THE PROS & CONS
- WHAT’S BEST: Strong performance, with either engine; excellent handling, at least with MagneRide (the only versions available for testing); strong appeal across all demographic sectors.
- WHAT’S WORST: Interior trim quality not its strongest point; rear seat room and rearward visibility both causes for concern; neither manual nor new automatic transmissions are best-in-class.
- WHAT’S INTERESTING: Is there a more iconic brand name in the industry?
Malibu, Calif.-The original pony car gets significant upgrades for 2018, with refreshed styling front and rear, a new 10-speed automatic transmission option, and upgraded electronic driver aids.
There’s also one pretty significant downgrade, at least from an historical perspective. The V6 engine has been dropped, which means for the first time ever (or as far as I can remember, which used to be the same thing …), you can’t get six-banger in a Mustang.
For much of Mustang’s life, the six has actually been the most popular engine, because Mustang, more so than most sporty coupes, has broad appeal to both male and female customers for whom flat-out performance wasn’t the main attraction.
Some 30 per cent of last year’s non-Shelby Mustang sales were sixes, but Ford figures the turbocharged 2.3-litre four cylinder produces more power on less fuel, and who counts cylinders anymore, anyway?
The 2018 Mustang gets these upgrades just three years after the launch of this sixth generation (or fifth, if you don’t count the horrible Pinto-based Mustang II of the mid-’70s, which most Mustang fans would prefer to forget. Sorry …).
Prices start at $28,888 for the base Coupe, and range to a rather lofty $52,738 for the V8 Convertible.
That four-cylinder turbo engine still generates 310 horsepower @ 5,500 r.p.m., but maximum torque rises from 320 to 350 pound-feet at 3,000 r.p.m., when the 300-second overboost feature kicks in.
The 5.0-litre V8 is fractionally larger in displacement than before due to replacing the steel cylinder liners with a spray-on coating of the aluminum block surfaces. Power is up from 435 horsepower at 6,500 r.p.m., to 460 at 7,000 r.p.m., and peak torque jumps from 400 lb-ft to 420, at 4,600 r.p.m.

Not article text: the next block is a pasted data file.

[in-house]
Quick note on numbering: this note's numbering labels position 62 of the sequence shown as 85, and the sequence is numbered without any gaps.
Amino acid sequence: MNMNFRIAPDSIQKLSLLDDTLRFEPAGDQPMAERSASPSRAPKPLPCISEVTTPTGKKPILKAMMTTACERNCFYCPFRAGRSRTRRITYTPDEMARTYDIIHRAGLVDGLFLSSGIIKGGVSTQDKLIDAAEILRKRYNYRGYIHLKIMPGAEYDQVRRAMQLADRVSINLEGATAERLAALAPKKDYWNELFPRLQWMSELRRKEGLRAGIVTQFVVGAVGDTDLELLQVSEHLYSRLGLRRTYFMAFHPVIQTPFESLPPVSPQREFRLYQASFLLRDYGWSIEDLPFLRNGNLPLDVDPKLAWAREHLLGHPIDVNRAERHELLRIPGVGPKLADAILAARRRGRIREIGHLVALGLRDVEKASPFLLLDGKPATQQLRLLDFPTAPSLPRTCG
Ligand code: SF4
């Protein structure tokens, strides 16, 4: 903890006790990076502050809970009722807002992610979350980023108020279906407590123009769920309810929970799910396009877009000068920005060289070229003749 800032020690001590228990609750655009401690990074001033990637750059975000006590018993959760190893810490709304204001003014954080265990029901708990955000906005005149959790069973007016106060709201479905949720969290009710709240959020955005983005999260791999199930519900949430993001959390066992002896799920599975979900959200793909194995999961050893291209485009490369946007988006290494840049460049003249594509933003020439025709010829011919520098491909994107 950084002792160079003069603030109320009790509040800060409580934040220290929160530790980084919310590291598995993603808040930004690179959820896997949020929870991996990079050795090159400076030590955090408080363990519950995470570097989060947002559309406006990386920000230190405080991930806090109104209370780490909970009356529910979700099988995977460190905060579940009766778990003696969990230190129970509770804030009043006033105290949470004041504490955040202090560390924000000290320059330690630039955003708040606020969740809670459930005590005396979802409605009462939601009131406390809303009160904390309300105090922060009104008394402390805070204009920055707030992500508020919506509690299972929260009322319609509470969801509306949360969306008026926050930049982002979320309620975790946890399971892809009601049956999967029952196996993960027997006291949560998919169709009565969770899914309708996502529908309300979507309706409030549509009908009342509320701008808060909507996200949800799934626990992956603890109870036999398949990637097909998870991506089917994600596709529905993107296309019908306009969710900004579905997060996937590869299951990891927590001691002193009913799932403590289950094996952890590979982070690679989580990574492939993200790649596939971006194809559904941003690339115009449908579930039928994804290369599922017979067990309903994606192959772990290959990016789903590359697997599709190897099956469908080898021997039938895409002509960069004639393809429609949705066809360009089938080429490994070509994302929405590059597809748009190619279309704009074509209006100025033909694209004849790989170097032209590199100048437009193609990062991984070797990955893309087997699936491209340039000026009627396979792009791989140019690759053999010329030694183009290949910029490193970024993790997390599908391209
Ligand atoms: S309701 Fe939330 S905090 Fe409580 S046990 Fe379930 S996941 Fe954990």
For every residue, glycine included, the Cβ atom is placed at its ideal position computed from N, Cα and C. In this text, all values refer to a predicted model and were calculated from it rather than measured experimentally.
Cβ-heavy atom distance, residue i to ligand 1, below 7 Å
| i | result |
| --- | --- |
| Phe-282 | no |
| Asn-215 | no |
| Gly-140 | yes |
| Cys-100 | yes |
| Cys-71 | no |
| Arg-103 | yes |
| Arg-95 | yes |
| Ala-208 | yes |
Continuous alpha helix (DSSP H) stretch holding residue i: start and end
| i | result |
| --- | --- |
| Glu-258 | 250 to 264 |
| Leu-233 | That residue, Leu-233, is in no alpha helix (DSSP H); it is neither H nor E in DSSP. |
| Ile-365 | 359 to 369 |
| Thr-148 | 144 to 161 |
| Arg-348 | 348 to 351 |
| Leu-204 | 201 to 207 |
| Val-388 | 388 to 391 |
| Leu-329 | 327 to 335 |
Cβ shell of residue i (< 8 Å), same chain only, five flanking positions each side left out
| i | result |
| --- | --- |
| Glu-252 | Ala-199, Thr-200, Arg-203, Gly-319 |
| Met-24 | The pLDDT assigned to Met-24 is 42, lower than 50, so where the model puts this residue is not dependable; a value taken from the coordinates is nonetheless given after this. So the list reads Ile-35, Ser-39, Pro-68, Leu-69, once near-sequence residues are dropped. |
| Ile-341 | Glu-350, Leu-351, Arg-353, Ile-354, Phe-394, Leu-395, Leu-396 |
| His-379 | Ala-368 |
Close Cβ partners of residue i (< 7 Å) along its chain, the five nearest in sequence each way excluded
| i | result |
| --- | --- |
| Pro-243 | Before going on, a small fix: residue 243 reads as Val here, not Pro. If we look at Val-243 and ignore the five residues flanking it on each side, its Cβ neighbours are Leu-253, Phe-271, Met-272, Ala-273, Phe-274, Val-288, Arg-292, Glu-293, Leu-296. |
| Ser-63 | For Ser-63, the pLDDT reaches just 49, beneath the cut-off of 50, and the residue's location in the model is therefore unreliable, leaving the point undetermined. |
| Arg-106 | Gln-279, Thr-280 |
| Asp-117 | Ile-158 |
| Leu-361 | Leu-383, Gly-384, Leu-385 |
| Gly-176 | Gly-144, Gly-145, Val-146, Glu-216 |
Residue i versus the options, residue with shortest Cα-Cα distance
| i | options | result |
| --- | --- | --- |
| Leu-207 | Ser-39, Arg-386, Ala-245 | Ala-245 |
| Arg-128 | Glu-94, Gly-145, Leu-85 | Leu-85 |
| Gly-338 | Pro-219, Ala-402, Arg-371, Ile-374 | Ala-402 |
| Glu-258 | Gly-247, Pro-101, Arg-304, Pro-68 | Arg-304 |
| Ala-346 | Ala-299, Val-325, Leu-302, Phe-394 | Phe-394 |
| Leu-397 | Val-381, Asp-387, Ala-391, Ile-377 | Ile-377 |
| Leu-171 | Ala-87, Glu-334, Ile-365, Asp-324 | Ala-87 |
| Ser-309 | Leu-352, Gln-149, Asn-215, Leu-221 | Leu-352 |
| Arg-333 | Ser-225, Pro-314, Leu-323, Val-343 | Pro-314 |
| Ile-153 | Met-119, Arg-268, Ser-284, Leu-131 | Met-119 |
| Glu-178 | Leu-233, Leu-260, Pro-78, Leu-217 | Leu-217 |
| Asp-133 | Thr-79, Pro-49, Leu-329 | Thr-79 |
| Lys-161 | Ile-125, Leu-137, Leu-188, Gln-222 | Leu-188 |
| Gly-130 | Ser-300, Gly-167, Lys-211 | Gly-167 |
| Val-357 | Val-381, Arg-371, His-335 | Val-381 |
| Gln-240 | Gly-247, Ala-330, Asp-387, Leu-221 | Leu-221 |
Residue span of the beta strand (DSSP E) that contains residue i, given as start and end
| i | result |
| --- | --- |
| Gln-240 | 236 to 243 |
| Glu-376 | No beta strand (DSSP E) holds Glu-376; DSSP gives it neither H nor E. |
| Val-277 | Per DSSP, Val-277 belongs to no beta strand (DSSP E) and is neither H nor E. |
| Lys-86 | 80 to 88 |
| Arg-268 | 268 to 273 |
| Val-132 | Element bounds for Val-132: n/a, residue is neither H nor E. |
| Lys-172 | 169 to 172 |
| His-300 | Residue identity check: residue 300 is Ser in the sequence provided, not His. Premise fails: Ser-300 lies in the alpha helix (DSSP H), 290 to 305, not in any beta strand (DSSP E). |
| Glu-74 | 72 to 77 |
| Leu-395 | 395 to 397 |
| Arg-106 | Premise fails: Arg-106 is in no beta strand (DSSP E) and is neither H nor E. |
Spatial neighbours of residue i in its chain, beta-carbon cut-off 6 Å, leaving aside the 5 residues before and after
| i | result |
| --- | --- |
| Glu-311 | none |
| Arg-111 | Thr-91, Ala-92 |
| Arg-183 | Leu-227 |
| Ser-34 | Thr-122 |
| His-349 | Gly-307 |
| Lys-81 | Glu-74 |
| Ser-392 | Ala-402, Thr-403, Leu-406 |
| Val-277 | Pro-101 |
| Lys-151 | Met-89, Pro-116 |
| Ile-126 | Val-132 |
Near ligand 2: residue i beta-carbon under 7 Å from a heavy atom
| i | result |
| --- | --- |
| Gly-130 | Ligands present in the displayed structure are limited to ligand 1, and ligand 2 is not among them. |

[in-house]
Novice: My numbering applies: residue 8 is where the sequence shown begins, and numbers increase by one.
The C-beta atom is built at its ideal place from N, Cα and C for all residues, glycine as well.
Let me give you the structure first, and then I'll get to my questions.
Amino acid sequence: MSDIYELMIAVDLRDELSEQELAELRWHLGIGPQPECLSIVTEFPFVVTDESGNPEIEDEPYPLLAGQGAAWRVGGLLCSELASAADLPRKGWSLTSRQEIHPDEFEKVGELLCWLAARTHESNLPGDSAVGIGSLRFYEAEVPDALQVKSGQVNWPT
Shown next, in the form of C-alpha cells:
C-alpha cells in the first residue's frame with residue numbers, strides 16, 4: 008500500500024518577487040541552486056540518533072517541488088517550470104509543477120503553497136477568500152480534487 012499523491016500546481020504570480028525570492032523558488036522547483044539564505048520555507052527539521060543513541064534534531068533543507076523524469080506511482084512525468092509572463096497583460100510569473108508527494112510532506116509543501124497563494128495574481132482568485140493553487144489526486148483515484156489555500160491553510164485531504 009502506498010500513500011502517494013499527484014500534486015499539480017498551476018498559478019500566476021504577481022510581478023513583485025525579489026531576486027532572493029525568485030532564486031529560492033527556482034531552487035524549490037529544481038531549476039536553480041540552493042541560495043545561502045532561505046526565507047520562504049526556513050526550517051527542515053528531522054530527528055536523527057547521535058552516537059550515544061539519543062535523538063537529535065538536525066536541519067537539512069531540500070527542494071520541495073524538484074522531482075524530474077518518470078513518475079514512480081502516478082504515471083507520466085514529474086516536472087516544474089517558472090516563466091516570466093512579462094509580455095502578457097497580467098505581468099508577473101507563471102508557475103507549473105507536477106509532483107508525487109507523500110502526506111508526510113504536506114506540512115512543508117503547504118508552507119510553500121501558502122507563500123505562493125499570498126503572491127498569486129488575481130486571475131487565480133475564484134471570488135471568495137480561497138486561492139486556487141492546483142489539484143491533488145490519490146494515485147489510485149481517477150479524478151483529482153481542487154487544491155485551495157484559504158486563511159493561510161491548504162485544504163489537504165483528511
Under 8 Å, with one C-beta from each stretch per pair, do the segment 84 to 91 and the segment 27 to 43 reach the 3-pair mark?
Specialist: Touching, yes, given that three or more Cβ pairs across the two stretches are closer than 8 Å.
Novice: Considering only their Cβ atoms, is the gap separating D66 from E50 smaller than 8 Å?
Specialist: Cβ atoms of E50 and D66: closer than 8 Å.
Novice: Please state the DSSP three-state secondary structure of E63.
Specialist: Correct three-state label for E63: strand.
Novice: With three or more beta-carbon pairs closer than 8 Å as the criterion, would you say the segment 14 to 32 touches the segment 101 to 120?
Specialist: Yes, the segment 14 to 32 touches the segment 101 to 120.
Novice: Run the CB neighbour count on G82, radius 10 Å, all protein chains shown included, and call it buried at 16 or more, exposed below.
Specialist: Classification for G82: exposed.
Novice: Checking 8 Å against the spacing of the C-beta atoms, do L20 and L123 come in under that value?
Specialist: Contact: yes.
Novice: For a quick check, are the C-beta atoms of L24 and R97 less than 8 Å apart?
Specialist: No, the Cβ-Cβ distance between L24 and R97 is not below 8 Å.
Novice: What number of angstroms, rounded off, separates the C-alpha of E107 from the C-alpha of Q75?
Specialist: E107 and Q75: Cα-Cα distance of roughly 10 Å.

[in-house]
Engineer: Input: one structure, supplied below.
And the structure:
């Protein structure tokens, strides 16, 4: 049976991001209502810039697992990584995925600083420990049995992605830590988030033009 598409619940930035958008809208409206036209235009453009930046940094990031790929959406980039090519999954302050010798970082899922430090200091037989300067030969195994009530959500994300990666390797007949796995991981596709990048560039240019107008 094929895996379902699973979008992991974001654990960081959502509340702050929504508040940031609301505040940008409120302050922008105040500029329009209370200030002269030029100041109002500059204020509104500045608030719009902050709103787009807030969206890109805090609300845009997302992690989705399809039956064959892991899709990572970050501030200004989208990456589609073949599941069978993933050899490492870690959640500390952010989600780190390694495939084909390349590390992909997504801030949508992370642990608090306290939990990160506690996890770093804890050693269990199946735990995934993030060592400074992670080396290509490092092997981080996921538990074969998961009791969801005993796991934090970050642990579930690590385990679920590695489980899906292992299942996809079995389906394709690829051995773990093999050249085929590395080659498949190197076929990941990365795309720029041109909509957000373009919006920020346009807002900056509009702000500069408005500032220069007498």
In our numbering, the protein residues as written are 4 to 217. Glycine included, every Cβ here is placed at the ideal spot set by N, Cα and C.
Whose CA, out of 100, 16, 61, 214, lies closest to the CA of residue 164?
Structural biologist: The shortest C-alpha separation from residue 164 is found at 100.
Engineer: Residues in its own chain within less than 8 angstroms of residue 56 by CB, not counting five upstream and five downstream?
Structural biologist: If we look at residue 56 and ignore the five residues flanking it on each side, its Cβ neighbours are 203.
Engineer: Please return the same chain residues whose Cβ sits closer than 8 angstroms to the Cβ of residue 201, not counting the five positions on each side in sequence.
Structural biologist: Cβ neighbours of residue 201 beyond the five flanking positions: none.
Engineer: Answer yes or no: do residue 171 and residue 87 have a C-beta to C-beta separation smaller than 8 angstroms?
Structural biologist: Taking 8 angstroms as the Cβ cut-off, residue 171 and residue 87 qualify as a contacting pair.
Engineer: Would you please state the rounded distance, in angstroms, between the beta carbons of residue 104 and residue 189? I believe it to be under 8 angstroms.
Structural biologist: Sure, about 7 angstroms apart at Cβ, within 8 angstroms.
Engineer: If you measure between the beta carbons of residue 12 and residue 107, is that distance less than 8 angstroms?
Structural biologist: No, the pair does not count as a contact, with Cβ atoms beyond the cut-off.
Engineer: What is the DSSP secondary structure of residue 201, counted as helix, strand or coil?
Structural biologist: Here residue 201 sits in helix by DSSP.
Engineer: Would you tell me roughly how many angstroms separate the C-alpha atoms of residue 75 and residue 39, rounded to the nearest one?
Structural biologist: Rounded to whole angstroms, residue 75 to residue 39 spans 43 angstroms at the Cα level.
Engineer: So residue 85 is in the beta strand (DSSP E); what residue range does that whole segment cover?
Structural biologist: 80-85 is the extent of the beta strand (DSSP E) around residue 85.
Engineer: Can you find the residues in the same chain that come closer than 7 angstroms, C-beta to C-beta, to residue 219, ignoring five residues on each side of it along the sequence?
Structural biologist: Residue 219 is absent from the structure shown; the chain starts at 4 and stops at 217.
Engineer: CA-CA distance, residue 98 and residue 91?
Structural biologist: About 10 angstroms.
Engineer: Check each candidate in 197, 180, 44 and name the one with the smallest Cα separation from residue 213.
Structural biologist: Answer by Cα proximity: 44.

That 10-speed automatic formerly seen in such vehicles as the F-Series pickup, is now the shiftless option, replacing the venerable six-speed. At the moment, Mustang sticks still outsell Mustang slushboxes, but that will likely change. The automatic car is faster, after all.
Speaking of, 0-100 km/h takes about four seconds with the V8, a shade over five with the four.
The dash has been upgraded to include some of the features seen on the mighty Ford GT supercar. The optional 12-inch all-digital dash offers several scenarios, including a ‘Drag Race’ mode to make it easier to keep track of your best times.
All my test cars had the optional MagneRide suspension, in which the dampers are filled with magnetorheological fluid. Any sufficiently advanced form of technology is indistinguishable from magic, and this setup is magic. Essentially, upon application of a magnetic field triggered by sensors located throughout the car, particles within the damper fluid change orientation, which has the effect of stiffening the dampers in milliseconds.